Holder is mad that he’s riding the bus. Because I mean, there’s no way anything could possibly come from this bus ride.
Linden heads back to Reggie’s boat where she’s jumped by… her fiancé! He apologizes for being a dick on the phone the other night, but still asks a couple probing questions about her situation. And, while I’m sure there will be a bigger payoff in future episodes, right now there doesn’t seem to be a big deal here. I guess she could just quit and walk, but basically she’s being forced by her boss to stay on for an extra week. This plot line just isn’t doing much for me.
The Larsens are at church, trying to finalize the funeral service. And then the priest has to go and open his big mouth and say how Rosie is now with God, and God is looking over everyone. Now, I don’t want to make this a religious debate about the existence of God, but c’mon…remember, it’s only been four days since Rosie’s death. I’m not sure the grieving process has truly ended. And it seems that Mama Larsen feels the same way since she angrily asks where God was for Rosie when she was alive.
Richmond meets with Drexler one on one. Drexler suggests he wants a stadium close to where he lives, but Richmond wants none of it. He says that’s just as big a vanity project as the mayor has cooking with his mall. He sticks to his guns! And lo and behold, Drexler likes his stick-to-itiveness and floats him some much needed cash. Yay?
And now a drive down Suspicion Lane…Daddy Larsen apparently bought a house? It was to be a surprise, but he doesn’t think he can move there, so he plans on selling it. Belko is there, and basically says if Stan says the word, the politician will have an accident. But Stan doesn’t want that, saying, “I don’t do that anymore.” Well, at least now we have some more shady developments brewing.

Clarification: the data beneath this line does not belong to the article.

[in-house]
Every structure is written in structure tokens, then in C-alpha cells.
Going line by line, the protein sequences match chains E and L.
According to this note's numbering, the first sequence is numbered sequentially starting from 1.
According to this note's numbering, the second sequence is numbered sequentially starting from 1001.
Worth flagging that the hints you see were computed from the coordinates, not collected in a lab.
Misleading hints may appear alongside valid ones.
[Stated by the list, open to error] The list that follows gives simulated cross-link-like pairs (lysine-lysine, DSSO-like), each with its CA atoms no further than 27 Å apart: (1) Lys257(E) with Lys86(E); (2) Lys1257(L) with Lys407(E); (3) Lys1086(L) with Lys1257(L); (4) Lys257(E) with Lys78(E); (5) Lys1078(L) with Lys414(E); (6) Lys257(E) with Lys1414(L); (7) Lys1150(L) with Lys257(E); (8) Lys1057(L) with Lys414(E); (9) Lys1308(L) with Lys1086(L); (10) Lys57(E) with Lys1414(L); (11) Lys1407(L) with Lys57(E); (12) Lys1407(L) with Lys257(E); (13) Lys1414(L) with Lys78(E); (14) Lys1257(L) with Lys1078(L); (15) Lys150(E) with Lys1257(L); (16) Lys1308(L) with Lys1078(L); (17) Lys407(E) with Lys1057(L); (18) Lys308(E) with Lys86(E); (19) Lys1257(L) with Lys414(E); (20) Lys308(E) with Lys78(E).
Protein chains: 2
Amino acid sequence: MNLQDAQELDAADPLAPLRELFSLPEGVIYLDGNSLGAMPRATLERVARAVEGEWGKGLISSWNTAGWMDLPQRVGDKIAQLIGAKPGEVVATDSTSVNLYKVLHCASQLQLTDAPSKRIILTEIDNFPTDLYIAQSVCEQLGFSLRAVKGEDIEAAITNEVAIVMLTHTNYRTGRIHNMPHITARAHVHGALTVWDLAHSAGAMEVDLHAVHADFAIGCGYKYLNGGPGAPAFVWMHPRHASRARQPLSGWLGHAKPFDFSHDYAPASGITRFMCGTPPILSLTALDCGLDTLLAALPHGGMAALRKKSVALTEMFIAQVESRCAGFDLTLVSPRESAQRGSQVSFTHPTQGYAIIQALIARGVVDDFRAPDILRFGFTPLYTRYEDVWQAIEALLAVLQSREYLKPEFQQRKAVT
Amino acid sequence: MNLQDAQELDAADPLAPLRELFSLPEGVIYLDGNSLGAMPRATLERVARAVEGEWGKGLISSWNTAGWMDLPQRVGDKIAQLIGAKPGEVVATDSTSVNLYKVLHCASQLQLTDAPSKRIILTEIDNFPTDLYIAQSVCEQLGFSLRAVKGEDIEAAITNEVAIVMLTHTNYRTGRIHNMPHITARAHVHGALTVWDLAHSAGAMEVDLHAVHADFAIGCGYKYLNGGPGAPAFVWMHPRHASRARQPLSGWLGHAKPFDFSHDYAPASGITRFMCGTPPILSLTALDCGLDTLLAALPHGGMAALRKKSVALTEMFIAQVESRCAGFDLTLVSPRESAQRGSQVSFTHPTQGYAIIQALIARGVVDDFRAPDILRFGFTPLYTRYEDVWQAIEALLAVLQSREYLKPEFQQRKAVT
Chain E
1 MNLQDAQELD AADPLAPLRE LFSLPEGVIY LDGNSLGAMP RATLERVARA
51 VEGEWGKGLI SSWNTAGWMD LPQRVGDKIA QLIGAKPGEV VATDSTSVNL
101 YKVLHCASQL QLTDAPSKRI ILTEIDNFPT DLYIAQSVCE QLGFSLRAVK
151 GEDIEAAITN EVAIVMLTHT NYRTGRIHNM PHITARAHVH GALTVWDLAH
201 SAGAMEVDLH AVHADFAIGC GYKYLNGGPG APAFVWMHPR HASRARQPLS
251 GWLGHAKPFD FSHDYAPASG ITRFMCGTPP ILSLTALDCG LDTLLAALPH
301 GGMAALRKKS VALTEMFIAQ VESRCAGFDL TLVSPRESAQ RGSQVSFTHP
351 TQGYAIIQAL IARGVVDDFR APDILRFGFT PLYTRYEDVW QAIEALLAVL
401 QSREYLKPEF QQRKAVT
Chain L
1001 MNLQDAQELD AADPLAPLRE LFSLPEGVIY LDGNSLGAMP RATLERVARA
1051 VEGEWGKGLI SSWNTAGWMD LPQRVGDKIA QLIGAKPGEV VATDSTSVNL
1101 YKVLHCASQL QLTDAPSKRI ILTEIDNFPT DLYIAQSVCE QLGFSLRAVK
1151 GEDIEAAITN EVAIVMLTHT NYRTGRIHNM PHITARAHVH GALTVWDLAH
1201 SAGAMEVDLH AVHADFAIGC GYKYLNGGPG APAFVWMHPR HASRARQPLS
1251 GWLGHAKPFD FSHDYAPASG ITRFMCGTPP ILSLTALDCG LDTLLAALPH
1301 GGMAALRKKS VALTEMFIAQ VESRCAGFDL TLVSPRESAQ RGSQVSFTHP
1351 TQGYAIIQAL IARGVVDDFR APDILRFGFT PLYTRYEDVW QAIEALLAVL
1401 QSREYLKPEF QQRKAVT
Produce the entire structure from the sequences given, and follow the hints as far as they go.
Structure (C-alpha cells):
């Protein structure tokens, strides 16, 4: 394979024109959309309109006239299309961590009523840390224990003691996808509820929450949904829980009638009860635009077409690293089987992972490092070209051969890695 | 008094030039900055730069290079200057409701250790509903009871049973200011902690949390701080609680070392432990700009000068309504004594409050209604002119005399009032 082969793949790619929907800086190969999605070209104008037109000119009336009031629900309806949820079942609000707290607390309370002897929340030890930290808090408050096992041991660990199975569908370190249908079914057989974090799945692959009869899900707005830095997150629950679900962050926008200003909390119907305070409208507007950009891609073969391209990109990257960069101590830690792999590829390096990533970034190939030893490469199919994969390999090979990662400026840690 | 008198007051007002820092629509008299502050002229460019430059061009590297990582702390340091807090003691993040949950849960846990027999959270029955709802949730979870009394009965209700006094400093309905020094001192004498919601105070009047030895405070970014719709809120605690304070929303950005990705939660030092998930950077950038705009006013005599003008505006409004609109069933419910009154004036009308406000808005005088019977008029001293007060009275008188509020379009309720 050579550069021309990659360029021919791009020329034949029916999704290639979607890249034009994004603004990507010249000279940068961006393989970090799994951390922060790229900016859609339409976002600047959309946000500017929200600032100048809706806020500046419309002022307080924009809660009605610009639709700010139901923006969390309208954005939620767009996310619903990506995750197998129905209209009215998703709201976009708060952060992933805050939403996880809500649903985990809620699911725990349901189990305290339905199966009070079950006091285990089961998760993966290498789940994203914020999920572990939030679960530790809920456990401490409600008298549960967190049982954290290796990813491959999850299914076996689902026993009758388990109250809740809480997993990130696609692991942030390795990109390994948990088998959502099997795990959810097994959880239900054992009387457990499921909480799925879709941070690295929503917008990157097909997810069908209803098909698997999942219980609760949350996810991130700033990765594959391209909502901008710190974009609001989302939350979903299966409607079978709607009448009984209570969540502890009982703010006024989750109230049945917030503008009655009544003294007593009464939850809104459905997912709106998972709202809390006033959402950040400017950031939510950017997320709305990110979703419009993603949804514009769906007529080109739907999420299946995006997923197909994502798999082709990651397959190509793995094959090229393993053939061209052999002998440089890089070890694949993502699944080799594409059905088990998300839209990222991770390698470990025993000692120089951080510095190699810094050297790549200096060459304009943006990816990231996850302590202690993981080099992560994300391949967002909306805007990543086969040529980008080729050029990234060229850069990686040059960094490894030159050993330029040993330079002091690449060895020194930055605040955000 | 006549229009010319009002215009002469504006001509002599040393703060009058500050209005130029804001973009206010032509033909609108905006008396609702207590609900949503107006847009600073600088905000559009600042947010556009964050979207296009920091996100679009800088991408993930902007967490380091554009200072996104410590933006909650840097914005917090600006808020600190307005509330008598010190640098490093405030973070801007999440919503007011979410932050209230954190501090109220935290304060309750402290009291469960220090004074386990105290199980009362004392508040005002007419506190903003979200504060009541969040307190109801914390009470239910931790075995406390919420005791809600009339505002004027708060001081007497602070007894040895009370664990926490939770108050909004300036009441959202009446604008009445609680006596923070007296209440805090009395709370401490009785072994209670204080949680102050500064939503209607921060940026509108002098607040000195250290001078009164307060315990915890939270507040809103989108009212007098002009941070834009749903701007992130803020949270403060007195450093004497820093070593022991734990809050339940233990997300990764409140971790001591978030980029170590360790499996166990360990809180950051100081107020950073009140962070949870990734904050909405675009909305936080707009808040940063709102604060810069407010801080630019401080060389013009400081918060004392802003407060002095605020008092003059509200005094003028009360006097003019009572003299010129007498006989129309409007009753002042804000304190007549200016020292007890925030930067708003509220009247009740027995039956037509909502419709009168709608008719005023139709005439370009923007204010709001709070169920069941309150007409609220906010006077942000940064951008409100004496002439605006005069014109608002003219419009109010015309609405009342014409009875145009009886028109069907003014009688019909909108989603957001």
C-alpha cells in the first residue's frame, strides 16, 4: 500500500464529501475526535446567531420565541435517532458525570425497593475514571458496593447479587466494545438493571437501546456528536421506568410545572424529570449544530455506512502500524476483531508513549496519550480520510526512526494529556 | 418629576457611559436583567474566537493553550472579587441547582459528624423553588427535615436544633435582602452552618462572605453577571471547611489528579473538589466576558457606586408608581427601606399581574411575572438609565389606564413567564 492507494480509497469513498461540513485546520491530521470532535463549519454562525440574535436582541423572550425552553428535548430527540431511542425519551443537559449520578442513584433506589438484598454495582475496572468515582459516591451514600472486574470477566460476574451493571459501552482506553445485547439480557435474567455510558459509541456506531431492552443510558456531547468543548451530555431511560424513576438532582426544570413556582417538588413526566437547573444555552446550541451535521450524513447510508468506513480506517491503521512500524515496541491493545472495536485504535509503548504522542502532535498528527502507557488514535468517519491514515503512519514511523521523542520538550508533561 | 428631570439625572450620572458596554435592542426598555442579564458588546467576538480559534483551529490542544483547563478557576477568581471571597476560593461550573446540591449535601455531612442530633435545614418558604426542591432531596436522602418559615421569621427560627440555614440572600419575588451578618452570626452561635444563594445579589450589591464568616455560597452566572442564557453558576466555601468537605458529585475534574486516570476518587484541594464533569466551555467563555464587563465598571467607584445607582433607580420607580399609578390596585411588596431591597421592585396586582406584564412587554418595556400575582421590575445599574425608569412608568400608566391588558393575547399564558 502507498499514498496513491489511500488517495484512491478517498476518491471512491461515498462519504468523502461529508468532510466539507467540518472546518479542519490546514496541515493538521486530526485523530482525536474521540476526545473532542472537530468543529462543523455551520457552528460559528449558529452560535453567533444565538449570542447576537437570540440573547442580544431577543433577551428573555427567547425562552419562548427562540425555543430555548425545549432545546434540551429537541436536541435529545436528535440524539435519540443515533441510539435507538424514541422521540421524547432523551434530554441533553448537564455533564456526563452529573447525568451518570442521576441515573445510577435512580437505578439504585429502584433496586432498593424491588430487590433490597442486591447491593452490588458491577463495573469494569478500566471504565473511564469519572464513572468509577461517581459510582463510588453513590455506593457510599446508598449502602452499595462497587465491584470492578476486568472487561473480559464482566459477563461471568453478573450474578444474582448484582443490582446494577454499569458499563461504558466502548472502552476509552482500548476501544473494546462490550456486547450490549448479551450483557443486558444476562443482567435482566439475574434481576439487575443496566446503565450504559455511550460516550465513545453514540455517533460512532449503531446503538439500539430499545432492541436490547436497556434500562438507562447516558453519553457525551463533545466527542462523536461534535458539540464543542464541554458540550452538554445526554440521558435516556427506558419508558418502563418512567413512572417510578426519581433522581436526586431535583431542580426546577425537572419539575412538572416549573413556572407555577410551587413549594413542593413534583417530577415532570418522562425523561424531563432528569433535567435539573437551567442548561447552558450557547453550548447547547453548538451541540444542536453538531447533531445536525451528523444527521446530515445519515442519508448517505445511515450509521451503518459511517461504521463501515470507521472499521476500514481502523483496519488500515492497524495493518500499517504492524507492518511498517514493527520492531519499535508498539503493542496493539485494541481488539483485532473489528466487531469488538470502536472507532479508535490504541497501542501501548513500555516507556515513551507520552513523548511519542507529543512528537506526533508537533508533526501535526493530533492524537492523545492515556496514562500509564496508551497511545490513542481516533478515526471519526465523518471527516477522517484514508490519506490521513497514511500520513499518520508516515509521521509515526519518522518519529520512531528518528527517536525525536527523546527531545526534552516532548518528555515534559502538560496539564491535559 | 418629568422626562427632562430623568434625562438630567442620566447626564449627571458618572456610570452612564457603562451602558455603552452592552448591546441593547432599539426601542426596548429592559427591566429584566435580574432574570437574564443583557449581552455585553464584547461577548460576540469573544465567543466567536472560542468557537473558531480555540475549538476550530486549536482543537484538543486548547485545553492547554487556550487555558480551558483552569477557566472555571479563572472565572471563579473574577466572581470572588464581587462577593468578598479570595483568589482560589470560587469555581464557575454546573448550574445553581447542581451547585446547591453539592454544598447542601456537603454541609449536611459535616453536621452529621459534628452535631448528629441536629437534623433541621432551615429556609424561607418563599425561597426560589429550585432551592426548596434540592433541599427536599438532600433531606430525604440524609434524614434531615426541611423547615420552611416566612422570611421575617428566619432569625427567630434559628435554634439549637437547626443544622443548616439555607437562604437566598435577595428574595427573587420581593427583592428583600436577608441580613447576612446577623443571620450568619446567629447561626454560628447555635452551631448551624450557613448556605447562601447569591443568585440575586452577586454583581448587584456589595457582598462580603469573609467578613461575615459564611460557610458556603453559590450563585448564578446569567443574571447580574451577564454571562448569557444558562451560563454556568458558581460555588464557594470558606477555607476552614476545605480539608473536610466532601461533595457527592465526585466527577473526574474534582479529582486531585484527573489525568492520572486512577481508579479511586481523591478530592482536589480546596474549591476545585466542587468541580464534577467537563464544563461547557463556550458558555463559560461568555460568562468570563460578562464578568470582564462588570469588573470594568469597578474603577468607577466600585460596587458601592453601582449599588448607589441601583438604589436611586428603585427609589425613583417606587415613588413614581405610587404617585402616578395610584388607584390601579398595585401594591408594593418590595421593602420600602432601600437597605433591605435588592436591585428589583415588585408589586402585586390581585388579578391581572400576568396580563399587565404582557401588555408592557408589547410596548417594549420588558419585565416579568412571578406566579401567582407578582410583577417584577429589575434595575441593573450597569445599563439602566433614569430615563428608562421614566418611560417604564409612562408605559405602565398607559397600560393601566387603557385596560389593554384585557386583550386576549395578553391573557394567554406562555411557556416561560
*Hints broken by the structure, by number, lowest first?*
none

At high school, Sterling gets harassed by some kid, which…if we go by the timeline, it’s been 4 days since one of their classmates has been murdered. That seems a tad harsh, even for a teenager. Mama Larsen wanders in though and gives Sterling a hug, telling her it’s not her fault. Now, you can take that as a consoling gesture, or you could take it as a subtle admission of guilt. I’ll let you decide for yourself.
Stan is off meeting with an older gentleman with an accent, sitting alone in a restaurant. Uh oh. These types of meetings never lead to happy endings. Anyway, its obvious they have some sort of past relationship, so when Stan asks for money, it’s not just a loan shark type transaction. Again, it’s obvious this is simply an introduction of another plotline (and the introduction of another suspect) but for right now, not much information is offered.
Holder is still riding the bus, stewing in his own anger and filth. About to get off and say fuck to this perceived wild goose chase, the bus drivers change shifts (I’m going to be honest – the way back during the first time he got a negative reply showing the driver Rosie’s picture, I thought, “ there has to be other drivers, right?”) and he strikes gold. The new driver has seen Rosie before. Why does he remember? Because Rosie was white, and we’re in Black Seattle now. And, wait, who’s the only black character to have been introduced so far? Hmmm.
Sarah is offer to the Larsens to research the bedroom after finding her kid’s stash in a pillowcase. And I’m going to be really annoyed if the first police search didn’t unearth secret documents because Rosie put them in a pillow.
Mama Larsen is still at the high school, where Rosie’s teacher finds her, and begins to offer some consoling thoughts about Rosie. Consoling thoughts that start to get a little deep, and personal – at least a lor more personal than a teacher would probably perceive in a student.
Sarah of course finds stuff in Rosie’s room (thankfully not in a pillow)…love letters written wistfully and personal, and they sound vaguely familiar. As that’s happening, Holder gets to the end of the line on the bus and finds a community center hosting one of those basketball programs sponsored by the Richmond mayoral campaign. The signs are everywhere…plots are converging…and it’s all coming together. Just like in Space Jam!